Edwarda OBara, who spent more than four decades in a coma in her Miami Gardens home, always cared for by her mother, then by her sister, and who inspired a book and garnered a devoted following across the globe, has died. She was 59.
She died Wednesday morning, her family said, five years after the death of her mother, who had remained at Edwardas side since she slipped into a coma.
I think my mother said, Come on, lets go, sister Colleen OBara said.
Edwarda OBara was a teenage high school student who wanted to be a pediatrician when in 1970 she fell ill, throwing up her diabetic medicine.
Her family rushed her to the hospital, where she slipped into a diabetic coma. Before losing consciousness, Edwarda asked her mother, Kaye OBara, to never leave her side.
Kaye OBara promised, and kept her word.
Edwarda returned to the familys Miami Gardens home, and her family never left her side. She was turned every two hours to keep away bedsores, given insulin and fed through a tube.
She was read to, had music played for her, and constantly had company.
Her father, Joe OBara, died in 1976. After his death, Kaye OBara continued to care for Edwarda, always saying she was a blessing, not a burden, no matter the piling debts and difficulties.
A devout Catholic, OBara said she had felt the presence of the Virgin Mary in Edwardas bedroom.
It inspired author Dr. Wayne Dyer to write the book A Promise Is A Promise: An Almost Unbelievable Story of a Mothers Unconditional Love and What It Can Teach Us.
And visitors from across the world traveled to the Miami Gardens home, every year, sometimes appearing at the doorstep on random days, other times for Edwardas yearly birthday party, a boisterous affair with decorations, balloons and cake.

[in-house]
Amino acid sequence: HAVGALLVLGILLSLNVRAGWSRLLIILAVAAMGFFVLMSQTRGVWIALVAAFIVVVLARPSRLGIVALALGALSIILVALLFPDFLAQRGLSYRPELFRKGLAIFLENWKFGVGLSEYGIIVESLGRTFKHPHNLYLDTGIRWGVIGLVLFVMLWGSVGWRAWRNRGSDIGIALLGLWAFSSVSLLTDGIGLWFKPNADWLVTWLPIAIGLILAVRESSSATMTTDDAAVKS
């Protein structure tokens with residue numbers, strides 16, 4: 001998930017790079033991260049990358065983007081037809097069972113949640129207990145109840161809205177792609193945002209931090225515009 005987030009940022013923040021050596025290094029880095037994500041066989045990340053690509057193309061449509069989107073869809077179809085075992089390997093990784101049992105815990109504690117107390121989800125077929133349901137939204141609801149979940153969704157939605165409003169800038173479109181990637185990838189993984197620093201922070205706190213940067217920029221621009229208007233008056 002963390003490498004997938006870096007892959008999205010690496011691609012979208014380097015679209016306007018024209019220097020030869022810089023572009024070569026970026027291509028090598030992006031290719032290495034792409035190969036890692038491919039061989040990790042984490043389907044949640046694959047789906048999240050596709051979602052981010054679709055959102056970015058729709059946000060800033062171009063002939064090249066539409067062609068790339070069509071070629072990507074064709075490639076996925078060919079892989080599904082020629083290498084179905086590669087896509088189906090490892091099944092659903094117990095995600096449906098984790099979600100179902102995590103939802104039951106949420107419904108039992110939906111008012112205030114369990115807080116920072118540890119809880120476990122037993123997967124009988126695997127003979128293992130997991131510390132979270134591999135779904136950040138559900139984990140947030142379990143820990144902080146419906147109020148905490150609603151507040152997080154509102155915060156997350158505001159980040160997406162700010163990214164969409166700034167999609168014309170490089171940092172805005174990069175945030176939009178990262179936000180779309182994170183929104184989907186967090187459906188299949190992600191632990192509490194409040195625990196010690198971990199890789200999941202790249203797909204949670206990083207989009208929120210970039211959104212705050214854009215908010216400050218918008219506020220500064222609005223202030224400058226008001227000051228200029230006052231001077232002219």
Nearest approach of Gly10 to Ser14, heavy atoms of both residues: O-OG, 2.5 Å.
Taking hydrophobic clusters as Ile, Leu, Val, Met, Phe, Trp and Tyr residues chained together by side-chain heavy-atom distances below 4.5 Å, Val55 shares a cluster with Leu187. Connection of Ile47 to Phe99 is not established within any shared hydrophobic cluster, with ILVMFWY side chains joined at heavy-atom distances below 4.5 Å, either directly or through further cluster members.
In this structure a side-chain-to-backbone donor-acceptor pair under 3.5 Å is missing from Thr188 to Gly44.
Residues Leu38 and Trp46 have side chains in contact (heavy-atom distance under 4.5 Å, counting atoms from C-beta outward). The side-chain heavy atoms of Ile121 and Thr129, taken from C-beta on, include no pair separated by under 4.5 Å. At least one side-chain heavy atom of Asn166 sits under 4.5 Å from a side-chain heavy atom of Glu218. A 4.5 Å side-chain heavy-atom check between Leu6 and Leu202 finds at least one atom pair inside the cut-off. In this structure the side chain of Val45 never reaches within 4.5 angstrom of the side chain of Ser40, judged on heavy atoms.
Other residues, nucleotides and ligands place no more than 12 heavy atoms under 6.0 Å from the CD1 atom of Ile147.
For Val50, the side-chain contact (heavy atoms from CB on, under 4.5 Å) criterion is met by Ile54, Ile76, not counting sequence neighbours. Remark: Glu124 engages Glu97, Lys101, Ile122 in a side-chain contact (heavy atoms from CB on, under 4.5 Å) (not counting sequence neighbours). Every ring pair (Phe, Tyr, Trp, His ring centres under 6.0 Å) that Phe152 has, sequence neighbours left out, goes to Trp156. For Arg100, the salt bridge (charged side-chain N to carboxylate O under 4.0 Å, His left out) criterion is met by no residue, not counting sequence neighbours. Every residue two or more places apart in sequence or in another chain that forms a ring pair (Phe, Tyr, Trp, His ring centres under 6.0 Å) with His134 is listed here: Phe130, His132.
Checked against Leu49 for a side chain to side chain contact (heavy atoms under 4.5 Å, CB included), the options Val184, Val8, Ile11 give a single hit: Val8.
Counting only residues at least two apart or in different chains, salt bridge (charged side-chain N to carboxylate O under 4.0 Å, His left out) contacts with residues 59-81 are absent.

I had to learn you let strangers in, Colleen OBara said, because they arent strangers.
Through it all, Edwarda remained in a coma. But to her family and followers she remained vibrantly alive. Colleen OBara described her as the best sister in the whole wide world.
She taught me so much, and Im talking about now, after she was in the coma, Colleen OBara said. She taught me so much about unconditional love that I couldnt say I had it before. She taught me about patience, that I didnt have before. I learned so much from taking care of my sister. Its like I grew up overnight.
Her mother kept her promise, right up to her death in 2008. Kaye OBara, 80, died in her sleep, in the same room she had shared with Edwarda since 1970.
Afterward, Colleen took over, quitting her job as a horse trainer.
I didnt give it a second thought. Shes my sister, Colleen OBara said, and I love her.
Tuesday night, Colleen OBara said she noticed her sister was spitting up food and figured it was because of the change in the weather, which usually gives Edwarda a cold. Colleen gave her antibiotics, and had her son care for Edwarda while she got some rest.
Edwarda seemed a bit better in the morning. It started with 6 a.m. breakfast and Edwardas bath a half hour later.
I said, OK, this is gonna be a good day. Things are looking up, Colleen OBara said. Her color is coming back. Im talking to her. I give her a bath, turn her, brush her teeth, put Vaseline on her lips so they dont dry out.
She told her sister she was going to get a cup of coffee and be right back.
Edwarda responded with the biggest smile, Colleen OBara said. She had a twinkle in her eyes, then closed them. Her breathing relaxed.
Colleen got her coffee, came back to the room and gave her sister a shake, but Edwarda didnt wake up.
Edwarda OBara is survived by her sister, nephew Richard OBara and great-nephew Joseph Michael OBara, who all stayed with her in the home.
A memorial is scheduled for 6 to 9 p.m. Tuesday at the Memorial Plan Southern Memorial Park, 15000 West Dixie Hwy. A church service will be held at 10 a.m. Wednesday at St. Rose of Lima Catholic Church, 415 NE 105th St., Miami Shores.
In lieu of flowers, the family is asking for donations to help pay for the funeral. Donations can be sent to the Edwarda OBara Fund, P.O. Box 693482 Miami, Fla. 33269.